Jennifer Xue is an award-winning author with bylines in Forbes, Fortune, Cosmopolitan, and Esquire.
Everyone processes stress differently, and no one is immune to grief.
When Sheryl Sandberg, COO of Facebook, suddenly became a widow at age 45, she experienced feelings of tremendous loss. In the beginning, she blamed herself for not taking good care of her husband, which is called “personalization.”
Next, she experienced a sense of sadness that reached every part of her life and felt as if it had been permanent. Psychologist Martin Seligman calls these thoughts “pervasiveness” and “permanence.” Every grieving individual experiences the 3Ps, but the length and the depth might differ.
Men, in particular, have difficulty expressing their anxieties because society has invented abstract definitions of “toughness” and “strength” that males are expected to live up to; as if showing emotion would somehow discount their masculinity.
Life pressures can include anything from taking care of a sick family member, to going through a divorce or break-up, to experiencing a financial disaster from an unexpected accident. In this article, we’ll discuss how men can healthily tackle grief and stressors while continuing about their daily lives.
Table of Contents
1. Accept things as they are and give time to grieve
When something unfortunate happens, you’re naturally angry. In fact, your stress level might be through the roof. It’s normal. Tell yourself that going through a hard time is part of the process.
You’re working things out. All these negative thoughts and feelings will eventually subside.
2. Channel your energy elsewhere
While you might feel like punching a wall, channel your destructive energy elsewhere. Try exercising and meditating for at least half an hour a day. You might be busy with work, but 30 minutes of energy release is not a luxury; it is a necessity in trying times.
3. Communicate your pains
Share your pains, worries, and anxieties with a close and supportive friend who has proven to be a positive force in your life.
When you’re ready, consider talking to a therapist to help cope with misfortunes through reframing, a tool in cognitive behavioral therapy that allows you to change your perspective and challenge negative thoughts as they emerge.
4. Nothing and no one is to blame
Skip the blame game, even though it’s a part of the process as well. You might feel compelled to blame yourself or someone else at the beginning, which is okay. Just don’t dwell on it. Stop any rumination in its tracks, because the habit is only self-destructive. Remind yourself that nothing and no one is to blame. What has happened has happened, and your focus should be on where to go from here.
5. Take note of the small blessings
Some people have a “gratitude journal.” It’s an excellent idea, wherein you can take note of every single triumph, no matter how small. This could include having lunch with a friend, sending off that e-mail to your supervisor, admiring the blue sky, calling your mother, etc.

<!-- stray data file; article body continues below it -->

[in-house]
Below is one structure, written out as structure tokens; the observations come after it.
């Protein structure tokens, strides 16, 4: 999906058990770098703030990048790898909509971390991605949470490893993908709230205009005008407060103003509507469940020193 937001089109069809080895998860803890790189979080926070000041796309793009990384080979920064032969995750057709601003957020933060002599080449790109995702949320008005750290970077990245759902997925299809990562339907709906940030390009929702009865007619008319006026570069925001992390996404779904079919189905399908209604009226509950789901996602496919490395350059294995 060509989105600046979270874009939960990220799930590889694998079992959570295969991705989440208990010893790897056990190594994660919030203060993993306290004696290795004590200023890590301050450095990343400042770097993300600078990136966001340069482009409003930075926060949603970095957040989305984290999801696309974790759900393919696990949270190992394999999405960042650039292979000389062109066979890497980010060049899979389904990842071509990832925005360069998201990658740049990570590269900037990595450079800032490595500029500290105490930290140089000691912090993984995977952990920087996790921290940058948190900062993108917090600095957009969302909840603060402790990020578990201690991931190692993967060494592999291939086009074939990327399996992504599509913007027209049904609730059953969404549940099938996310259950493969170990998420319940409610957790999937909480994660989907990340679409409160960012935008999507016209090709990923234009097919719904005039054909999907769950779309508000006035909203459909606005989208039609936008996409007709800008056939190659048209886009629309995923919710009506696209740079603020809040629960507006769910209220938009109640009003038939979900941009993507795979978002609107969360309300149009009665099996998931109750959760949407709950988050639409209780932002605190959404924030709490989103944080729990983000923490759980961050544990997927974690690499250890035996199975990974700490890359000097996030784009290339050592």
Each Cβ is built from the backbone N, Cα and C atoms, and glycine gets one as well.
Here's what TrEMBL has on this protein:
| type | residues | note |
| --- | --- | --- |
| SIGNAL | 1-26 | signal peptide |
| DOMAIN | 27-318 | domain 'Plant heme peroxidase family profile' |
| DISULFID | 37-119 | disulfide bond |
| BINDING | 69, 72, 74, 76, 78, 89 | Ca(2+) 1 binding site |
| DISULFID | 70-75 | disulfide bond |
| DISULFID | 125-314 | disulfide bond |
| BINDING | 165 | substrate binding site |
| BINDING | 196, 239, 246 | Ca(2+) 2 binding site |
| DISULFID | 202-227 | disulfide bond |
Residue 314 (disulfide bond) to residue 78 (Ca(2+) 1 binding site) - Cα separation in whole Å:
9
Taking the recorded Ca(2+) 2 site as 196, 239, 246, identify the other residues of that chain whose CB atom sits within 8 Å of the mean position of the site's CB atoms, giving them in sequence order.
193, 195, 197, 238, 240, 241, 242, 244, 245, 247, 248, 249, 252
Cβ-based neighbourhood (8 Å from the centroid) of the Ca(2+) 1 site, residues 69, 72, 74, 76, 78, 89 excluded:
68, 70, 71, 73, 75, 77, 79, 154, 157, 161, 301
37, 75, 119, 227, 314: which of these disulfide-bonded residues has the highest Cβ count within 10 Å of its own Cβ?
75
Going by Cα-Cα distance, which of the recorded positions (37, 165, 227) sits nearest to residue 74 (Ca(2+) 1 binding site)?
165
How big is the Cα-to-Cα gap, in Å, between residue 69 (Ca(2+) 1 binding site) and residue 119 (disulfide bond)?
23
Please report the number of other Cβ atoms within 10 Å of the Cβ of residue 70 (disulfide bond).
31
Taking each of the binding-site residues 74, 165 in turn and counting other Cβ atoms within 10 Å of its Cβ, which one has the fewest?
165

6. Be grateful in action
Make your actions reflect gratefulness. In other words, don’t just be grateful in thoughts, but express appreciation by doing something meaningful. This could simply mean smiling more, making eye contact, and holding doors.
Maybe you have the overwhelming responsibility of caring for a sick loved one or handling the reconstruction of a water-damaged house. These tasks can seem daunting, but add a layer of appreciation for it. You are growing in the process.
7. Create a new routine
Create a new routine to distract you from dwelling on negative thoughts. Sometimes going about our usual schedules can be difficult when old tasks are now tinged with a new grief.
A new routine can include small, positive additions like, taking a short stroll at the park after dinner or playing the guitar. Positive daily changes can actually alter brain chemistry, creating new pathways that can help alleviate the effects of stress.
8. Take time for yourself
Choose anything that you’ve been wanting to do. Escape for several days as a necessary refresher. You’re not running away from your issues. You are taking a scheduled recharge so that you can best handle what’s to come next.
Your emotional and psychological health is a valuable asset, so make sure to take good care of it.
9. Don’t Force Things
Let time heal. Don’t force things to go according to your plans, because sometimes what we plan isn’t what we get. Just stay cool, calm, and collected with grace and acceptance.
It’s impossible to control everything. Wanting to “win” or be “alpha” doesn’t equate to being a strong person.
10. Keep Dribbling the Ball
Maintaining productivity during a stressful period isn’t easy, but it’s done through resilience. When you keep dribbling the ball, your mind will focus on tasks at hand instead of inner ruminations and negative thoughts. It allows you to maintain a sense of normalcy and groundedness when most things remain on the same path. Don’t give up your exercise routine, your diet, your sleep schedule, or your attention at work.
While there is no right or wrong in dealing with an issue that is unique to you, we should all strive to experience every struggle in the healthiest manner.
The vessel of life will continue to sail despite changing winds and rough waters. Continue having a positive outlook on life and career, as any storm will eventually pass. As John Grohol, PsyD writes, “there is no easy answer, but grief is temporary, never permanent.”